Friends, after posting the 1989 launch of the Sega Genesis earlier, I felt that the second article for today should be more in line with the Season. As I was watching the Projectionist, my co-host on the Saturday Frights podcast, preparing his Facebook page post for the morning – I suddenly realized what I needed to share with you all today. What could be more perfect for this time of year than getting a chance to listen to Rod Serling (The Twilight Zone, Night Gallery) chatting with Bob Crane on the latter’s extremely popular radio show on KNX from 1961. This was as a matter of fact the same year that Crane would further dip his toe into appearing in television and films, first with an uncredited role in The Twilight Zone episode entitled Static, then followed by another uncredited role in Return to Peyton Place, Man-Trap, and a return to the General Electric Theater series (He got his first acting gig with the iconic series in ’53).
It would be another four years after this interview with Rod Serling before Crane landed the role he is probably best remembered for, that of Colonel Hogan in Hogan’s Heroes. Bob Crane however got his start in radio back in 1950, beginning WLEA in Hornell, New York – before heading to WBIS in Bristol and then landing at WICC in Bridgeport. It was in 1956 when CBS lured him to Los Angeles, California to act as host for the KNX morning show. Thanks to his quick wit, the fact he was amazing on drums, and his easy going manner, to say nothing of landing big name guests like Bob Hope, Marilyn Monroe, and Frank Sinatra – that The Bob Crane Show became huge to say the very least.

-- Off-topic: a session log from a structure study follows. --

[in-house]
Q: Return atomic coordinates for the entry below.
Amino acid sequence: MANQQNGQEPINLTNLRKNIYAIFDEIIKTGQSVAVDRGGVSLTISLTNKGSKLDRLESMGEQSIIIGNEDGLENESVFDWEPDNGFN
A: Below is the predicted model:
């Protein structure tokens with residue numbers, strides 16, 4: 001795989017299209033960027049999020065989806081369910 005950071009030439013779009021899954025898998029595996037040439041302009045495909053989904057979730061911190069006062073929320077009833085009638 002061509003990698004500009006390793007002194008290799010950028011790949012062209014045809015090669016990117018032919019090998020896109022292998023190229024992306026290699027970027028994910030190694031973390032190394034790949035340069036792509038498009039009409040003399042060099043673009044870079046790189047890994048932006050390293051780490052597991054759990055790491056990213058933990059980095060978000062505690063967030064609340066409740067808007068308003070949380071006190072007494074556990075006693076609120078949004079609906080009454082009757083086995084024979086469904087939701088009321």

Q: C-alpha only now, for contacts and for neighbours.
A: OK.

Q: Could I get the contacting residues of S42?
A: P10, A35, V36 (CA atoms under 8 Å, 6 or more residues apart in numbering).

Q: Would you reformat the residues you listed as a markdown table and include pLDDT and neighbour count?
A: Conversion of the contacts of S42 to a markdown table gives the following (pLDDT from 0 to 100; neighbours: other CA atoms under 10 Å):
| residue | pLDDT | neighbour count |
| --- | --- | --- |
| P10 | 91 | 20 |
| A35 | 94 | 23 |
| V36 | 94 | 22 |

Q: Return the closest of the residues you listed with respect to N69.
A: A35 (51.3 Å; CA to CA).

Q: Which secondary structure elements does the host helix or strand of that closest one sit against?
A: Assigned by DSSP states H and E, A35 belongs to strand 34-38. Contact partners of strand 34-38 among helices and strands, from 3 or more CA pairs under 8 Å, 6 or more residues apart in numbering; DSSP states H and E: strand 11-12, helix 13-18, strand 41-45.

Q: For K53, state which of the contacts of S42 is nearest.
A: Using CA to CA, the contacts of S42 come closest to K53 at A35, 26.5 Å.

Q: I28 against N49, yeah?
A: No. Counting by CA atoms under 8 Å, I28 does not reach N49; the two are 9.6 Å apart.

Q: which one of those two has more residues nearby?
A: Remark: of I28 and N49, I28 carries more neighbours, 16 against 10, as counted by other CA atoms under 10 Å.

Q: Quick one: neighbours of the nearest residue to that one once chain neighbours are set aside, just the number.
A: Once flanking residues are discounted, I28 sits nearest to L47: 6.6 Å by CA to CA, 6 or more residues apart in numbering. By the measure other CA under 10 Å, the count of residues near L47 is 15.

This interview with Rod Serling on The Bob Crane Show was originally broadcast on December 11th of 1961. Which meant that The Twilight Zone was well underway on their third season – in fact four days after the interview – the episode Once Upon a Time starring the legendary Buster Keaton would air on CBS. In the interview, Serling talks about his early work as a writer for television – including for Playhouse 90 and Studio One. As well as what sounds like a little ‘bad blood’ between Twilight Zone producer Buck Houghton (Mission: Impossible, The Wraith) on who was being credited for doing the everyday work for the series – and much, much more.
Rod Serling in my personal opinion was an incredible writer – one that was never afraid to celebrate the best and publicly condemn the worst of humanity – which is why I believe that The Twilight Zone is still such an entertaining and informative television series.